Energy Drink Zip Brings Dangers

By Connie Bobik

May 17, 2012 - Energy drinks are the fastest growing beverage category in the U.S. since 2006, as more than 600 varieties have been introduced to the market.

You can find them in grocery stores, convenient stores and vending machines. They tout increased energy, alertness and concentration. No wonder they are popular to help you make it through work, study for an exam or increase athletic performance.

Millions are consumed daily, with children, adolescents and young adults making up 30 to 50 percent of consumers.

However, people drink them without any thought to the potential risks, believing they must be safe because the makers claim the beverages contain herbal and “natural” ingredients.

In truth, energy drinks are full of caffeine and sugar. Caffeine, which is the major ingredient, is also found in coffee and colas. The difference is in the concentration.

The FDA limits the amount of caffeine in a 12 oz. can of soda to 71 mg. Since energy drinks are considered nutritional supplements, they are not subject to FDA regulations. As a result, they may contain 75 to 400 mg. of caffeine per container or more.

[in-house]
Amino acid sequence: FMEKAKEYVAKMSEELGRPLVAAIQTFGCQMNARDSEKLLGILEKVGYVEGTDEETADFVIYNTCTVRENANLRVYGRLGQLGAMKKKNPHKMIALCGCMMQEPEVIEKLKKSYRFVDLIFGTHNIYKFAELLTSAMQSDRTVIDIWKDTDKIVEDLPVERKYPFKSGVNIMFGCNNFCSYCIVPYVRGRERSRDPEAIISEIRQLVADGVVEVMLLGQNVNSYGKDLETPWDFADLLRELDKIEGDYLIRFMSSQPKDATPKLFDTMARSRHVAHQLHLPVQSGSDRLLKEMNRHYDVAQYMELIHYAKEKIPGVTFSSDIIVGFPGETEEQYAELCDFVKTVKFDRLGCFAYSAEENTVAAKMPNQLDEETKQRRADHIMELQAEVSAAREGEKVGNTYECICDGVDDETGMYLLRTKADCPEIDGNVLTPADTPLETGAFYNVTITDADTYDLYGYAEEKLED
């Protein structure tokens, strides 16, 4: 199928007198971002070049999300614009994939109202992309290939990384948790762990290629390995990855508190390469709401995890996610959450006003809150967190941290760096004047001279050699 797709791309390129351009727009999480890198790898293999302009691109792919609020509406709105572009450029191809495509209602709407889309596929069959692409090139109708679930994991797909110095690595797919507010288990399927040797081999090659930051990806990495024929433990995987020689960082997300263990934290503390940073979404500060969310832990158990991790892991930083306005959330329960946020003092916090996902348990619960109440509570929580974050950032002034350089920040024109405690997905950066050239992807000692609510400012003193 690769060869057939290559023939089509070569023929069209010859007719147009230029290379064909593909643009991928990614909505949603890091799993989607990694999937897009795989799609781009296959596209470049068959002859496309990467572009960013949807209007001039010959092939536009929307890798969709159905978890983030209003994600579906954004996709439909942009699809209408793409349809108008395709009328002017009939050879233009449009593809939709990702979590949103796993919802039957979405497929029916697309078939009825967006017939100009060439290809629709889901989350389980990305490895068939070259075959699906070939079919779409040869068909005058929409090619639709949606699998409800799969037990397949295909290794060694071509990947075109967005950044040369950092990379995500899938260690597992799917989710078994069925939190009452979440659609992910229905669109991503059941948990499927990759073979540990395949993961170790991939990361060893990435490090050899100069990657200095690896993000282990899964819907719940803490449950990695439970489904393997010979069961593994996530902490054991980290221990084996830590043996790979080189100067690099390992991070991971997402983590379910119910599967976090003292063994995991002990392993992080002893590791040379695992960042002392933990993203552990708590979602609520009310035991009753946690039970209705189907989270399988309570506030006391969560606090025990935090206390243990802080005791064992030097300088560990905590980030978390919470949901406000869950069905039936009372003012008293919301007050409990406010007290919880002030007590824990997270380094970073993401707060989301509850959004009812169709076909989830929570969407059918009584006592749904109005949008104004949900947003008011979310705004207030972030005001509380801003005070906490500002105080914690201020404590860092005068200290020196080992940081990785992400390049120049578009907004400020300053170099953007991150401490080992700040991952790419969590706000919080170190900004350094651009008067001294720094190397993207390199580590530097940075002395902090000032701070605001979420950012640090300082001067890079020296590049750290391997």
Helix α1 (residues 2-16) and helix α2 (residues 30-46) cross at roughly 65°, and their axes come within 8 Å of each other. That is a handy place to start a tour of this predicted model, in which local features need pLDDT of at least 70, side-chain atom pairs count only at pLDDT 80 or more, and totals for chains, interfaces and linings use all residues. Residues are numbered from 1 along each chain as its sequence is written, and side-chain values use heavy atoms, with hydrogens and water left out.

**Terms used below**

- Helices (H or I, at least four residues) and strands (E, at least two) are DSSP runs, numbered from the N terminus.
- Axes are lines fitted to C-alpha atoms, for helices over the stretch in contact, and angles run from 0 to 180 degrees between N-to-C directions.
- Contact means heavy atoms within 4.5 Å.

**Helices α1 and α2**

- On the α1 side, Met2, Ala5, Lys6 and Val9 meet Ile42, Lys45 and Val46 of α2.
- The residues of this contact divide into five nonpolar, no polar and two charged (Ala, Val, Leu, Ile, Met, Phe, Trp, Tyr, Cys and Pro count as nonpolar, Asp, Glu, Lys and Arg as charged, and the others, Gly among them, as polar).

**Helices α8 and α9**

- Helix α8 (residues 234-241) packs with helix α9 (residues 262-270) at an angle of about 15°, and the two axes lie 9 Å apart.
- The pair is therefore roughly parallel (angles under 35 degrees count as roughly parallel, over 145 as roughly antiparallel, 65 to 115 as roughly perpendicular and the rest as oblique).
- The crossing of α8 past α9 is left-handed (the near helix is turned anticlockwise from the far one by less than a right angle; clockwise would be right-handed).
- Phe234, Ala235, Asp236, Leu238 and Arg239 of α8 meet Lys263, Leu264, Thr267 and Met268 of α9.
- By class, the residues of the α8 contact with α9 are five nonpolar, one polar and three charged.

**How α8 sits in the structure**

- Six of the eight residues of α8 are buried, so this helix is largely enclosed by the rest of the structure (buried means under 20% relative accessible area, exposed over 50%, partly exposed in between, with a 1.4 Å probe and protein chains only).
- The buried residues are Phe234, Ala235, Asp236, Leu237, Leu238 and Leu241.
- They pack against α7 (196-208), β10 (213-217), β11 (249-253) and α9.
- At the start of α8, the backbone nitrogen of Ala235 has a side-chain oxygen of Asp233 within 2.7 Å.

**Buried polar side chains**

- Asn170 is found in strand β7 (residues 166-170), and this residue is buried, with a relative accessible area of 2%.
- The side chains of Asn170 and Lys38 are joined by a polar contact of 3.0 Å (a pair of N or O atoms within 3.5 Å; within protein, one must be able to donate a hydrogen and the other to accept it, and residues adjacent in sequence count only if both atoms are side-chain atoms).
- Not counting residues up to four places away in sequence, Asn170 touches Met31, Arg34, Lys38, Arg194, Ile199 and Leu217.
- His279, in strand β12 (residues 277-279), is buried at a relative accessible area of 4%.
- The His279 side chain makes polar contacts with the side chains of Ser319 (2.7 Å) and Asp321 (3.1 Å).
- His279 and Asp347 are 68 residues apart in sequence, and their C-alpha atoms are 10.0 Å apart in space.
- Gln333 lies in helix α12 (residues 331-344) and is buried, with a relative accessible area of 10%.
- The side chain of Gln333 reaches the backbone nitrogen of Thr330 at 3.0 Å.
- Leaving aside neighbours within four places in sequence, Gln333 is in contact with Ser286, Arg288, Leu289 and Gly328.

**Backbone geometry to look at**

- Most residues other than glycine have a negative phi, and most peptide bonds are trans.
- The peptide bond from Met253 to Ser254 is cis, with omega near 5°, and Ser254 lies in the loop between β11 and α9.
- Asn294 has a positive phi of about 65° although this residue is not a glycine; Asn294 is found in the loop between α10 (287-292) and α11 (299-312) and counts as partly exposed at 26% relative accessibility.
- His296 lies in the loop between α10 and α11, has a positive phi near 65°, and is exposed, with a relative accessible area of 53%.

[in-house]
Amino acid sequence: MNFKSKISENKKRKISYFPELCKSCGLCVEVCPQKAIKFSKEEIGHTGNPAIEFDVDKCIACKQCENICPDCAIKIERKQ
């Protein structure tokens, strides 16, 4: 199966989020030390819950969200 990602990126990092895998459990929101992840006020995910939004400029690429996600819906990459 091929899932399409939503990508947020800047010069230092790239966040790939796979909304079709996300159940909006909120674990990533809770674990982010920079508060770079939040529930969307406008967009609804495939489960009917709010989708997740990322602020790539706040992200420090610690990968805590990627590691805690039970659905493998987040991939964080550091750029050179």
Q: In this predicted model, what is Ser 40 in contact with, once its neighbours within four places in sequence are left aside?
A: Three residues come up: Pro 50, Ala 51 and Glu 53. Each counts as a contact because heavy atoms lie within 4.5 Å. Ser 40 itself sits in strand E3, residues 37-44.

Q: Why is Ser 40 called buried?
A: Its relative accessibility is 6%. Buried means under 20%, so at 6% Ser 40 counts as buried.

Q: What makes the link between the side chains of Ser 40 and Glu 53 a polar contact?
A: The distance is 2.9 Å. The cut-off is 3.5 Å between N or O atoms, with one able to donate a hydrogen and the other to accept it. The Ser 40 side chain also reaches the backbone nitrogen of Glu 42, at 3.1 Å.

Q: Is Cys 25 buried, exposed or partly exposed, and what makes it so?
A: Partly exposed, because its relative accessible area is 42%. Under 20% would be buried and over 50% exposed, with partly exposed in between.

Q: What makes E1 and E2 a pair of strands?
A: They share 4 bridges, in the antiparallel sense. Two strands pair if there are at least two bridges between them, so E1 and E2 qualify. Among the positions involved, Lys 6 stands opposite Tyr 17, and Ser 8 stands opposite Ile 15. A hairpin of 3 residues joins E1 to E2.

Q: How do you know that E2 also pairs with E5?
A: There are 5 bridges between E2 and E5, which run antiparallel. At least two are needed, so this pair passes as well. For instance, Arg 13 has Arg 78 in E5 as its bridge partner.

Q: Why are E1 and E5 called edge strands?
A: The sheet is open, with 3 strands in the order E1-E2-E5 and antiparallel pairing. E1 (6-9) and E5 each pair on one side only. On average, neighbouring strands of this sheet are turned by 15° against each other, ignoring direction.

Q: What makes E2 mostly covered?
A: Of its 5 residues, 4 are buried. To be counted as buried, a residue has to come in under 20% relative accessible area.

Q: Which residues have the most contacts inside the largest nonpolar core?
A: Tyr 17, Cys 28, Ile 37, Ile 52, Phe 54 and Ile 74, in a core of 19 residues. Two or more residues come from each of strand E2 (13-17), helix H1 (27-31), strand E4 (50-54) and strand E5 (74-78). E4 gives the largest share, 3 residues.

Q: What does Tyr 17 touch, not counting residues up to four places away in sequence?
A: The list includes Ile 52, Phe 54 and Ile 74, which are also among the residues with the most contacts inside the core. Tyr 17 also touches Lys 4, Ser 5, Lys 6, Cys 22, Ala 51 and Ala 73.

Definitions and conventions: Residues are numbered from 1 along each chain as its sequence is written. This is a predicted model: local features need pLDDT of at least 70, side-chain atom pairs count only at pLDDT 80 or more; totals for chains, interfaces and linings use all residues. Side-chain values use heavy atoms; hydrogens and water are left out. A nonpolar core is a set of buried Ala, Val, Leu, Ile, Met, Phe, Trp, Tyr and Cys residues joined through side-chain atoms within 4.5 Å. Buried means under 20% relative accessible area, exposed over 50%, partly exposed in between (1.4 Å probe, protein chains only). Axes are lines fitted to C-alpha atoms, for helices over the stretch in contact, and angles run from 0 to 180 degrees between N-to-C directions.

One energy drink may be equivalent to three to nine cans of cola or three cups of coffee. Coupled with the amounts of caffeine often found in foods, a person might be at risk for caffeine intoxication.

Energy drinks also contain excessive amounts of sugar. One energy drink is equivalent to one cup of coffee with seven teaspoons of sugar or more. That adds calories, contributes to obesity and can increase the risk for developing Type 2 diabetes.

In 2009, there were more than 13,000 visits to emergency rooms – 50 percent by college age students - related to side effects from energy drinks. That’s a tenfold increase over 2005.

The side effects can be dangerous and the more consumption, the greater the risk.

The effects include elevated heart rate, high blood pressure, jitters, anxiety, headaches, interrupted sleep patterns, heart palpitations, seizures, strokes, cardiac arrhythmias and even sudden death.

Individuals with heart disease, seizures, diabetes, high blood pressure, attention-deficit hyperactivity disorder (ADHD), and pregnant women should avoid energy drinks.

Here are some other dangers:

  • Heightened risk of alcohol dependence when alcohol and energy drinks are taken together.
  • Risk of dehydration when consumed during exercise or athletics.
  • Dependency on a caffeine “boost.”
  • Erosion of dental enamel.

It’s critical to remember that energy drinks should be consumed in moderation. Read the label carefully, understand the risks and keep them away from children.

Connie Bobik is an associate professor of nursing and director of Brevard Community College’s Nursing program on the Cocoa Campus.